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Signs support the families of the victims of the Sandy Hook school shooting in Newtown, Connecticut Sunday, December 16, 2012. (Kevin Van Paassen/The Globe and Mail)
Signs support the families of the victims of the Sandy Hook school shooting in Newtown, Connecticut Sunday, December 16, 2012. (Kevin Van Paassen/The Globe and Mail)

As funerals begin, Newtown residents struggle to regain routine Add to ...

Under a cold drizzle on a grey morning, residents of Newtown groped for a way back toward weekday routines, never forgetting the grim work that lies ahead.

On Monday the town will bury two of the children killed in Friday’s shooting, Jack Pinto and Noah Pozner, both 6. They are the first of a terrible procession of funerals that will take place here in the coming days.

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At Honan Funeral Home, the lights were on early Monday morning as the staff prepared for the funeral of Jack Pinto this afternoon. A family business founded in 1903, it sits in a three-story white clapboard house on Main Street, its door garlanded for the holidays.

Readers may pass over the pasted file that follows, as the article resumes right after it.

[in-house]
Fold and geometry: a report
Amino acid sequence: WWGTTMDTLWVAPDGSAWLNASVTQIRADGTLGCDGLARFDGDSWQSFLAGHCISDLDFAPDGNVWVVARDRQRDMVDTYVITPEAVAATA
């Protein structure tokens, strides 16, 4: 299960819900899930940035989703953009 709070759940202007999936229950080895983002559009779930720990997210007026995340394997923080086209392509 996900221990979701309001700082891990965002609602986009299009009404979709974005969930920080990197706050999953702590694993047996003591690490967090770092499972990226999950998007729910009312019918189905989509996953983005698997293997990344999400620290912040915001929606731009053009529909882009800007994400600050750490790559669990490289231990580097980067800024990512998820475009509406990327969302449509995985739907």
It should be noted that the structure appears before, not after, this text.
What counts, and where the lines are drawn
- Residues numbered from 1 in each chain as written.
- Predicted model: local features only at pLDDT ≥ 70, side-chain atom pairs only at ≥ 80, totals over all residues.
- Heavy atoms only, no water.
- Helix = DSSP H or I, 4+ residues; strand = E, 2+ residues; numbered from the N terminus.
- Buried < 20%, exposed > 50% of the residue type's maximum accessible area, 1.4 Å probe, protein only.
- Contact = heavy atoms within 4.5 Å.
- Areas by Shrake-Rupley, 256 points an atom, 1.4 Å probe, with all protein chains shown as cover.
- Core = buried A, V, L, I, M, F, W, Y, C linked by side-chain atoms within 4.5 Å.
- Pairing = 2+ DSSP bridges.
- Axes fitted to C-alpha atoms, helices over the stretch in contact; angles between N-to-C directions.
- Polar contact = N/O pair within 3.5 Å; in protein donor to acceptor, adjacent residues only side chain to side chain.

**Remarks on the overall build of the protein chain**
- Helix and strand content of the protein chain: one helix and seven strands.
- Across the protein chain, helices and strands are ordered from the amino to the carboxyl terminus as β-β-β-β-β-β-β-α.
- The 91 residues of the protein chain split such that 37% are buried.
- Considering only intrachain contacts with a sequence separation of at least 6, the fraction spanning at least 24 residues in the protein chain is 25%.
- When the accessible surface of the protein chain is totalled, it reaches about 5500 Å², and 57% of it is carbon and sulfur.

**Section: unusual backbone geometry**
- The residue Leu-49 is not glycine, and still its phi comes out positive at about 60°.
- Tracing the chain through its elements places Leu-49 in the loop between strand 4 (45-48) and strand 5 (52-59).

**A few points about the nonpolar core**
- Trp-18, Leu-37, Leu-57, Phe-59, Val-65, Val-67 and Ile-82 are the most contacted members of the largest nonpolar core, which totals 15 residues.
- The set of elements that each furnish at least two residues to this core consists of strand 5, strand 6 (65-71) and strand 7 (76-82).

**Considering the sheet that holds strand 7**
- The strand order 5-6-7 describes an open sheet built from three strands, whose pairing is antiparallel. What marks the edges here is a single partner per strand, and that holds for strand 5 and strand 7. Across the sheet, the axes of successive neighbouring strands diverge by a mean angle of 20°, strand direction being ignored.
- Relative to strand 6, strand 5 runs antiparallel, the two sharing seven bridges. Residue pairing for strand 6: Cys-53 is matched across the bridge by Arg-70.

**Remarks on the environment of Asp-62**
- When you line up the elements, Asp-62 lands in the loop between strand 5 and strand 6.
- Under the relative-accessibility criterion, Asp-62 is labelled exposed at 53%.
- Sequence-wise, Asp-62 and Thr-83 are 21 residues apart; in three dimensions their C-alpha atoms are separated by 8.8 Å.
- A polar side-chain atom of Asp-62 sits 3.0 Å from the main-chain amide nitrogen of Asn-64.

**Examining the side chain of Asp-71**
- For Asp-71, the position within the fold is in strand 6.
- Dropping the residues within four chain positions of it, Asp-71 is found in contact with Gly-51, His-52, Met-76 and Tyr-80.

Across the street at Newtown General Store and Delicatessen, a family arrived from West Haven, Connecticut, their eyes rimmed with red. A young woman in a black-and-white dress said they were relatives of Jack Pinto’s father. “It’s just so unreal,” she said, crying and hugging a reporter. “There are no words.”

At the General Store, a cozy place offering egg-and-cheese sandwiches, homemade jam and local collectibles, the staff informed customers the coffee was free today. A man from Los Angeles had called and paid for it, his gesture of support for the town.

Barbara Lynch came in to buy a newspaper and a scarf. She lives nearby, on a hill behind the local cemetery. She said she saw an excavator and a black car there this morning. Seeing that, she said, made her want to flee, not wanting to be an observer to such suffering.

“Nobody is prepared for this,” she said.

Schools in Newtown were closed Monday, but parents in neighbouring towns found their morning drop-offs far more emotional than normal.

Some parents dabbed their eyes as they pulled into school parking lots. Some embraced friends as they watched their children trudge through the front door. Some felt reassured by the presence of a policeman at the front door while others lamented what he represented.

At Frank A. Berry School in the neighboring town of Bethel, Tracy O’Hara could barely speak as she waved goodbye to her son and daughter, ages six and seven.

“I nearly threw up this morning thinking about this moment,” she said once she’d regained her composure. “We’re scared. You hear about copycats. One part of me hopes the cops stay here for good. But I also don’t want them here at all, like the way it used to be.”

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